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Supervisor(s) Visit. Prof. Anuschka Kutz
Campus (BXL/Ghent) Campus Brussels & Remote.The studio will operate in hybrid mode, alternating 50/50 between on-site and remote mode.
Language (EN/NL) English
Studio or individual?  Studio, with Individual Thesis Projects
Max number of students? 10


“Our advanced political economies have created a world where complexity too often tends to produce elementary brutalities.” 

– Saskia Sassen (2014) Expulsions. Brutality and Complexity in the Global Economy. Cambridge,
Massachusetts / London, England: Harvard University Press, p.2.


Studio Urban Field Lab 


Sand Lines © Image by Elie Kutz-Rollings  

Studio Urban Field Lab will be working with the thematic framework of Fragilities. This year, our main focus will be on geo-political, territorial, land-related and environmental fragilities, but focusing on other fragilities, such as societal, political, economic and cultural fragilities would also be possible. We will interrogate how space is involved in these fragilities and develop mitigating and enhancing spatial strategies and proposals to edit, shift, repurpose and to harness unused potentials.  

In this studio, students propose their own project context and fragilities. Your sites and associated fragilities can be located anywhere in the world, in the deepest wilderness, in remote locations, in dense urban areas, on the coast, in rural areas or in key strategic sites. The Master studio with its global and local studentship offers a unique opportunity to collectively build capacities that outstrip our individual knowledge base, perspective and experience. By inviting you to set your own project context and focus within the set framework of Fragilities, we integrate your diverse backgrounds, lived experience and embodied expertise into the studio context. This will deepen our collective understanding of fragilities in a global context and permit us to explore differences and similarities across diverse projects. Given that this is your final work before graduating, nominating your project focus and context within the overall framework of Fragilities permits you to intensify work on important issues and contexts, helping you to also coin or strengthen your potential future professional or academic pathways or direction. You can select a fragility and context that you are personally connected with or that is related to your own background, or you can work on a fragility and context that you have a keen interest in. You propose your context and fragility at the beginning of the autumn term and in conversation we will clarify your approach so that you can undertake in-depth research in the autumn semester, followed by the development of your spatial response in semester 2. I welcome diverse project proposals. Previous projects were cited in Belgium, Brazil, the Czech Republic, Chile, China, Egypt, France, Germany, India, Italy, Jordan, Mexico, the Netherlands, Palestine, Paraguay, Romania, Turkey and the UK, situated in urban, peri-urban and rural contexts, as well as in institutional settings.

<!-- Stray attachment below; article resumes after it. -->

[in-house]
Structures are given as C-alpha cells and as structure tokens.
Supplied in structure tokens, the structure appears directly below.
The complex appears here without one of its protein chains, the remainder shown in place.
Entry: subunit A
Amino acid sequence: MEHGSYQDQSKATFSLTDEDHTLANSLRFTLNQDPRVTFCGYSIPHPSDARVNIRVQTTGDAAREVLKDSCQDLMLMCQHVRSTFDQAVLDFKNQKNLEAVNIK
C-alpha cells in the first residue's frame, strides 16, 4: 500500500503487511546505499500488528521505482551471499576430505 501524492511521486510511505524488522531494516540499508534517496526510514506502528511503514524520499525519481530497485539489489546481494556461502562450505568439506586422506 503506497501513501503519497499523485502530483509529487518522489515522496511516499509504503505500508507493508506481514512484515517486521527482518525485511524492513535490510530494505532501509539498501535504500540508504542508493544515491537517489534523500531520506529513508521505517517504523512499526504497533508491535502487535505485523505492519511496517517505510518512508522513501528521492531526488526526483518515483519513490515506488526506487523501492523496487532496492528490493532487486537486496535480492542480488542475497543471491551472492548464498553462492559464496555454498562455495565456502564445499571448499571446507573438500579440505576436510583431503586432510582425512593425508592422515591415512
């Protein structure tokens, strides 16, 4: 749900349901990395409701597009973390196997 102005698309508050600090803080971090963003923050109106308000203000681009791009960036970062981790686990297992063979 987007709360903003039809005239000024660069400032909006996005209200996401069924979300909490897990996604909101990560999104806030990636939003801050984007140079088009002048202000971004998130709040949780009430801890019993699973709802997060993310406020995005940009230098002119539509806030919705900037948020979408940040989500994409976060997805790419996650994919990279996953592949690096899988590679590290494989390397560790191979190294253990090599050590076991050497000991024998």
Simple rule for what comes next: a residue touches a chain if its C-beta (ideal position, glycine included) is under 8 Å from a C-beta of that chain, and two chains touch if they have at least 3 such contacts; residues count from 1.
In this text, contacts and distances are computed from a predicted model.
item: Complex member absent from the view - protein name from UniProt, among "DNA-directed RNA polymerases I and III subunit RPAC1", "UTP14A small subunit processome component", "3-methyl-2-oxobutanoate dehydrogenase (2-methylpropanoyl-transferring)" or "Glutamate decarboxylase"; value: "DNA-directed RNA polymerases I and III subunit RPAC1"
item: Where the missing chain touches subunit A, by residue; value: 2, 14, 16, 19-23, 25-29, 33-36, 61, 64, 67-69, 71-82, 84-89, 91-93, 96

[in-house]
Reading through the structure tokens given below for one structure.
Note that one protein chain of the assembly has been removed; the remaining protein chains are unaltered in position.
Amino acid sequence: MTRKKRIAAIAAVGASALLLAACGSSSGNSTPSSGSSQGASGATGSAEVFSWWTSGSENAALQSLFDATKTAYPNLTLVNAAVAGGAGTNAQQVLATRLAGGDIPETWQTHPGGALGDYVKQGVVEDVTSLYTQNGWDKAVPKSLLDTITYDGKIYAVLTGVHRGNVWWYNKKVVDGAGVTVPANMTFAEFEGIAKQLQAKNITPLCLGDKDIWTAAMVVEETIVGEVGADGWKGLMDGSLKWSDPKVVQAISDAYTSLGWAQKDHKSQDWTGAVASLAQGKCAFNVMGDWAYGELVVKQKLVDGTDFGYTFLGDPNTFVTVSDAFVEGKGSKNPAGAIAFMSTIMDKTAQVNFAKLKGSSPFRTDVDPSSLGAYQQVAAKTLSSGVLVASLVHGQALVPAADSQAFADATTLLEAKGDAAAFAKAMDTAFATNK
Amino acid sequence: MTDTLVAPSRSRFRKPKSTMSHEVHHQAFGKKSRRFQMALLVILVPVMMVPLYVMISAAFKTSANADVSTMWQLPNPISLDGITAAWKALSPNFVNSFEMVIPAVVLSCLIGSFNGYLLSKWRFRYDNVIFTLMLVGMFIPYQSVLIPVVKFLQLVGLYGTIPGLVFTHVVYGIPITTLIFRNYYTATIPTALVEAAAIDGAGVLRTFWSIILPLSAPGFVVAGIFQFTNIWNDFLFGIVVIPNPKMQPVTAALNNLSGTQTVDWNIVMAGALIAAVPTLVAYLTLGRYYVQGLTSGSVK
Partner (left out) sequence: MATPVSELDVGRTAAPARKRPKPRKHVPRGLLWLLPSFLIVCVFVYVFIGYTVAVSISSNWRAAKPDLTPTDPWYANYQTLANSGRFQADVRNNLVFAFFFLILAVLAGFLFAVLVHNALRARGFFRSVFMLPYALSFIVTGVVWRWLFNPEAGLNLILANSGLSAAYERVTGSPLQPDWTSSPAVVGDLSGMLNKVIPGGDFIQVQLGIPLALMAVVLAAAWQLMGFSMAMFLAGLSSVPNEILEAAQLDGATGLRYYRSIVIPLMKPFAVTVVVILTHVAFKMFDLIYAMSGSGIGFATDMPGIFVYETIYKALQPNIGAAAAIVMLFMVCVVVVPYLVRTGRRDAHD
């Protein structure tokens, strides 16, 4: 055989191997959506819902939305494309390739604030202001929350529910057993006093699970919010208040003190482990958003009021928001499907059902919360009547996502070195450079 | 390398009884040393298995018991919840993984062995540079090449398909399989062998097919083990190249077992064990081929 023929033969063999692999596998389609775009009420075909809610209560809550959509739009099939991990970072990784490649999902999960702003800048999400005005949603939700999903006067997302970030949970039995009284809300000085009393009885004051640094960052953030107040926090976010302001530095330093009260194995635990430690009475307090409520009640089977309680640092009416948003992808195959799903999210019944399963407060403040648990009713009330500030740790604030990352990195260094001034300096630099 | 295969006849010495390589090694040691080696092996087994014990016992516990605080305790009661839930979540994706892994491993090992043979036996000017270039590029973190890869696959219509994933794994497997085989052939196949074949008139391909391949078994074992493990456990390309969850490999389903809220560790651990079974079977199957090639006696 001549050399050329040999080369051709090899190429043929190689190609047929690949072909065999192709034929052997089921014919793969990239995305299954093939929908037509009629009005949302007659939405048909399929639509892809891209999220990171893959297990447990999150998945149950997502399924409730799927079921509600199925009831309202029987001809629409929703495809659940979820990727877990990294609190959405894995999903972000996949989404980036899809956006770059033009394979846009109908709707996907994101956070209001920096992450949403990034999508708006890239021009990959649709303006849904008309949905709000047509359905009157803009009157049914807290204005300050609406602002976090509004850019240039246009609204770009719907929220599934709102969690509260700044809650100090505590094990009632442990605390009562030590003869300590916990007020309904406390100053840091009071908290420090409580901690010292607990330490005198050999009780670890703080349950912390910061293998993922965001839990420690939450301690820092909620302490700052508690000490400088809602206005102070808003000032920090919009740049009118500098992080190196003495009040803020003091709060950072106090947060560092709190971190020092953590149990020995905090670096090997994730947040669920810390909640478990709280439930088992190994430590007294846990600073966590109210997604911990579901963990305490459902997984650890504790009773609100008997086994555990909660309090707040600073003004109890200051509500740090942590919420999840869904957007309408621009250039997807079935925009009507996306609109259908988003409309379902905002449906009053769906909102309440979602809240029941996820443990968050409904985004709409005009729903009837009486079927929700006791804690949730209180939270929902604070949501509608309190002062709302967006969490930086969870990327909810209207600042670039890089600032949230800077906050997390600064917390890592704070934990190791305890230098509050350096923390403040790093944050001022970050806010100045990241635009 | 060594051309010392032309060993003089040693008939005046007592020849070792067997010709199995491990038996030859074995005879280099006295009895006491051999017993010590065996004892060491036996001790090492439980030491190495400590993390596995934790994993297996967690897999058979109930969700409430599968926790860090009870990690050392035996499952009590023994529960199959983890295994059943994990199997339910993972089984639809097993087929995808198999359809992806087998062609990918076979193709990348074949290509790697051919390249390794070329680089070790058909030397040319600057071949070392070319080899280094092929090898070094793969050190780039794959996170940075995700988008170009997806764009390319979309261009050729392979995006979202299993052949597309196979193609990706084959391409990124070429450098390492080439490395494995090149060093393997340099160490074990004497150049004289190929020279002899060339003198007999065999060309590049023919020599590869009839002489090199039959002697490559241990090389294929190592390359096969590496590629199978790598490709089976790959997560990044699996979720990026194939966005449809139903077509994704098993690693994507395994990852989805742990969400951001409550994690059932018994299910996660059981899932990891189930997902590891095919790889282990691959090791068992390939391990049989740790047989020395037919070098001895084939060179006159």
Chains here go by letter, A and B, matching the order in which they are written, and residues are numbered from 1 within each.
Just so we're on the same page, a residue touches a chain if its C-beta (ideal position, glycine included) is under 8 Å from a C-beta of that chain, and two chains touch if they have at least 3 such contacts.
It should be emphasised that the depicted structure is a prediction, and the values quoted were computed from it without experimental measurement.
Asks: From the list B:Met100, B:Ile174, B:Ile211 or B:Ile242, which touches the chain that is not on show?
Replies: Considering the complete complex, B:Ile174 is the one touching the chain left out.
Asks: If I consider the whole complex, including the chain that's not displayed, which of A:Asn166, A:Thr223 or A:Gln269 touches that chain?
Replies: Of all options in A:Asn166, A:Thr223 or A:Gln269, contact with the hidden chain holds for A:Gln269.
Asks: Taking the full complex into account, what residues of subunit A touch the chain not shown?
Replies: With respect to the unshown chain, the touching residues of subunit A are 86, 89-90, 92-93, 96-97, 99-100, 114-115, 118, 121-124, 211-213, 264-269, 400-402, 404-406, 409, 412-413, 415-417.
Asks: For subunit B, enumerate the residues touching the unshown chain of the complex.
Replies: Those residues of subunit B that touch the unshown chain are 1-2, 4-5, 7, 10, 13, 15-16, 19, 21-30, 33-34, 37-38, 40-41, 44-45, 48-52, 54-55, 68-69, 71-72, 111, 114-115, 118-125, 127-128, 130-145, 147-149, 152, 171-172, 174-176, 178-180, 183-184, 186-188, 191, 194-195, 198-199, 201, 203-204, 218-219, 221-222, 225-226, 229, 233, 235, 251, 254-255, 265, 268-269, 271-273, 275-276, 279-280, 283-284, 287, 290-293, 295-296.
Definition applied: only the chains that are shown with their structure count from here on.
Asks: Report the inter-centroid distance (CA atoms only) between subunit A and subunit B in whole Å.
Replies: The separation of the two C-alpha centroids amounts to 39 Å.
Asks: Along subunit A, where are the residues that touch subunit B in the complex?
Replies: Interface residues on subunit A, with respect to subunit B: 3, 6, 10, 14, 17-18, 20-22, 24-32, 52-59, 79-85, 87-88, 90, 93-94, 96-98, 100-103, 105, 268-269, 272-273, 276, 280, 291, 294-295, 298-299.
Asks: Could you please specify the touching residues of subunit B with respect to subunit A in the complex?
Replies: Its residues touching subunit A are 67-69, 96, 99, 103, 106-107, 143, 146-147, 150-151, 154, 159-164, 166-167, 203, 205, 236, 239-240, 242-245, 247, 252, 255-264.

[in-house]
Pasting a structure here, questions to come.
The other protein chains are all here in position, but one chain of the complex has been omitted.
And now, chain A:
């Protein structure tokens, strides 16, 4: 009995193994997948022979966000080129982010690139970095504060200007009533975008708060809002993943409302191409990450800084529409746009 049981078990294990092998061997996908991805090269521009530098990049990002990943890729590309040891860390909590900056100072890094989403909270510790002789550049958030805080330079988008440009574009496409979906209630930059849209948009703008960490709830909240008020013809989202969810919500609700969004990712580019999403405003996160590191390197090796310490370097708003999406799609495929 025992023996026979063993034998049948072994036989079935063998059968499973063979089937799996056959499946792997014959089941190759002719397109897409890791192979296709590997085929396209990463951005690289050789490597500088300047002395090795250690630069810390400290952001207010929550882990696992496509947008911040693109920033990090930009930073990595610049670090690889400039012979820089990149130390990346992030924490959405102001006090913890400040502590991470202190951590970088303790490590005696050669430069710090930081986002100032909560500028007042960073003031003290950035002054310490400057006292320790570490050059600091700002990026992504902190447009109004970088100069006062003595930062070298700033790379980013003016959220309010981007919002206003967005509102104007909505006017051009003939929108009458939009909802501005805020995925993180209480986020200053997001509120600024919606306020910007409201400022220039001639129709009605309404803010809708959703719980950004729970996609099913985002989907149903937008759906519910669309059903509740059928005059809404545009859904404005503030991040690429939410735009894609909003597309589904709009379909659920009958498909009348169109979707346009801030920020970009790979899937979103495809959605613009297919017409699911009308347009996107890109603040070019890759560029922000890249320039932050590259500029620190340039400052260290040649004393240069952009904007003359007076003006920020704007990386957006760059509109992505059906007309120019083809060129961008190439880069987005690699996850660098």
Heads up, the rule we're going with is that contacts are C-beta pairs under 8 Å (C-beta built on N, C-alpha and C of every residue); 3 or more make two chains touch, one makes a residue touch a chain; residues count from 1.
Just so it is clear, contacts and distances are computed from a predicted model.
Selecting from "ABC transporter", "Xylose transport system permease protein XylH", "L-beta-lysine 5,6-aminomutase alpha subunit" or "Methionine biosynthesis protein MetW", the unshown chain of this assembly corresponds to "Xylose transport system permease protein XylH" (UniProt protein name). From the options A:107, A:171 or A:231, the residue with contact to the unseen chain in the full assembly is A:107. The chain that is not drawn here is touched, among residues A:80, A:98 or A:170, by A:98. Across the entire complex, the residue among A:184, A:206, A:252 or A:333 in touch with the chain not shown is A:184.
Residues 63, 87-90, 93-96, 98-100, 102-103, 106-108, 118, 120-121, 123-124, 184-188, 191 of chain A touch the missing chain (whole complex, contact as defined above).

We will work on concrete sites and concrete fragilities, bringing them ‘to the ground’. We are interested in real contexts and the livelihoods and spaces attached to particular fragilities. At the same time, our work will scrutinize the evolving nature of fragilities and the interconnections to multiple causes and interdependencies. Fragilities rarely derive from singular factors but are mostly entwined into complex multi-scalar forcefields, which are not static.  Realities on the ground are often messy and incongruent, defying neat abstractions or theoretical models. Our methods need be responsive to this.